(Introduction from 2015) I've been thinking quite a bit recently about the question of impact. Like all academics, I hope to have some kind of lasting intellectual impact, but for me a key goal is to find ways that the things I can do might have a more immediate social impact, as well. I had a conversation about this recently that resulted in the précis below, and I thought I'd add it to my Web page.
(Update, September 2017) Two things I'm really thrilled about. One is the response I've been getting personally in response to this page, especially from prospective students, who have been letting me know they care about impact, too. Yes, for many people on the "methods" side of computational linguistics, the interest is in improving the technical state of the art and the specific application is secondary as long as it's interesting and produces publishable results. But more and more I've been hearing from people who would love to connect their technical prowess to work that can affect the world in a positive way.
The second thing I'm really happy about is the way the broader community has been thinking more and more about research impact, something which existed before but feels like it has picked up over the past several years. I'm seeing more critical mass as people look at applications of data science for social good, and I'm also seeing increased attention to the complex ethical questions that our work can give rise to.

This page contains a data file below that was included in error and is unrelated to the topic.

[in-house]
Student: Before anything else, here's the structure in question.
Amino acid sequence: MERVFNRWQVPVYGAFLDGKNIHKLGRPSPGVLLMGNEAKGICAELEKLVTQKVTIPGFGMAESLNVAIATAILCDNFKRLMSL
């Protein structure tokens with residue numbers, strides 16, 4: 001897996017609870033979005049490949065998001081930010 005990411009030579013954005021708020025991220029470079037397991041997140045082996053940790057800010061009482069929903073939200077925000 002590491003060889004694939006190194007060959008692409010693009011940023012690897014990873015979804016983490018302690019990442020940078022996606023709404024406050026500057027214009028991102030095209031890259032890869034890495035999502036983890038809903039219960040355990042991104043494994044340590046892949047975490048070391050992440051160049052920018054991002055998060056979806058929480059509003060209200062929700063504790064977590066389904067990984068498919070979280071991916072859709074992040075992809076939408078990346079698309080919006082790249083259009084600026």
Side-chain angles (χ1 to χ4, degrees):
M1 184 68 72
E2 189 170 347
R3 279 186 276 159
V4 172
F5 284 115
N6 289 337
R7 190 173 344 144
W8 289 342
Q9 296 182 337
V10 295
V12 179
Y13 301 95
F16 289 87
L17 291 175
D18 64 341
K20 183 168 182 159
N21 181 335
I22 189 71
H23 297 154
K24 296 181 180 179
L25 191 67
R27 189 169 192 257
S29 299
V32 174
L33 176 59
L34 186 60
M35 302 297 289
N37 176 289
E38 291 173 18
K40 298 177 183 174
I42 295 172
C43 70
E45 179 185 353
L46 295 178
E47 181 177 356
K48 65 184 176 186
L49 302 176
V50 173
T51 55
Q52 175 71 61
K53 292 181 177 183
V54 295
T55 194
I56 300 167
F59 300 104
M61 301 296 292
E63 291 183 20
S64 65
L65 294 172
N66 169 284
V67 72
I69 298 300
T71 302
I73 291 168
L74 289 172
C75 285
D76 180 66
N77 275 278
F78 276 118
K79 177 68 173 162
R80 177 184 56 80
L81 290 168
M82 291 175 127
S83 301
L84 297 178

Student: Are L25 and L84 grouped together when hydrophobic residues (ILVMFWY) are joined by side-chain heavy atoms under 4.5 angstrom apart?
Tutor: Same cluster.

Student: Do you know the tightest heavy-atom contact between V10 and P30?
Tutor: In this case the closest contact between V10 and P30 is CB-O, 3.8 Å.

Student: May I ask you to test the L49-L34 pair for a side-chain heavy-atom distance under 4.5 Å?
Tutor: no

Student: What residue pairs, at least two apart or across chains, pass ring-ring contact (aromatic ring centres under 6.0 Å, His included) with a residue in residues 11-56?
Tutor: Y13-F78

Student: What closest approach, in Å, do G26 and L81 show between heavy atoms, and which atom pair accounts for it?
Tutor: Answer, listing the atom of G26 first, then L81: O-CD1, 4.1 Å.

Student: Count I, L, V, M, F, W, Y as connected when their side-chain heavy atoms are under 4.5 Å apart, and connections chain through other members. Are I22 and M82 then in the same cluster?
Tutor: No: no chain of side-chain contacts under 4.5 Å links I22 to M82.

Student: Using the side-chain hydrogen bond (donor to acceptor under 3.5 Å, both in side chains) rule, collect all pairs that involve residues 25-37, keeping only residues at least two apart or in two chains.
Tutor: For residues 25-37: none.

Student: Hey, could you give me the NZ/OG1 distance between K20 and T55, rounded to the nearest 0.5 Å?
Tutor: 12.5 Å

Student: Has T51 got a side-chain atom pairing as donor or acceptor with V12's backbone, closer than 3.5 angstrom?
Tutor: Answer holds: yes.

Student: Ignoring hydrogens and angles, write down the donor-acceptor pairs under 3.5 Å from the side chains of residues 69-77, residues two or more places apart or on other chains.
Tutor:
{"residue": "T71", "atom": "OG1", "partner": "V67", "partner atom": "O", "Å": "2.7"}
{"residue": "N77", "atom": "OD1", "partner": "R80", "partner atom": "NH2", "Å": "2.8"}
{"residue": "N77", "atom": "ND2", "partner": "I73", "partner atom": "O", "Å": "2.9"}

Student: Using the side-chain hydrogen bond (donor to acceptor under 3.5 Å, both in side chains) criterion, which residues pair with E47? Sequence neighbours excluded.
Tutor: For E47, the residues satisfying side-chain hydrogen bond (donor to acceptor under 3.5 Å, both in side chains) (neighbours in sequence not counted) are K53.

Here are some updated thoughts on particular areas where impact is something I care about a lot.
- Language data and mental health. The facts and figures regarding the mental health crisis in this country are staggering; to cite just a few numbers, between 1996 and 2011, annual expenditures on mental disorders rose from $35.2B to $113B, some 25 million American adults will have an episode of major depression this year, suicide is the third leading cause of death for people between 10 and 24 years old, and 89.3 million Americans live in federally-designated Mental Health Professional Shortage Areas. There is an extremely promising line of research that is on the upswing that may help address these issues: using people's language, e.g. what they say on social media, as a source of evidence for early detection and/or monitoring. Recognizing this as an area where the R&D community was starting to see serious activity, I (working with Rebecca Resnik, a clinical psychologist, and Microsoft researcher Meg Mitchell) instigated the first-ever Workshop on Computational Linguistics and Clinical Psychology in Baltimore in 2014. That has since become an annual event, thanks to the energetic organizational skills of others, notably my former postdoc Kristy Hollingshead. I am currently working on a collaborative project with Prof. Deanna Kelly of UMD's medical school looking at social media language analysis in connection with schizophrenia and depression, and I am also collaborating with colleagues and students looking at ways to identify risk of suicide based on social media postings.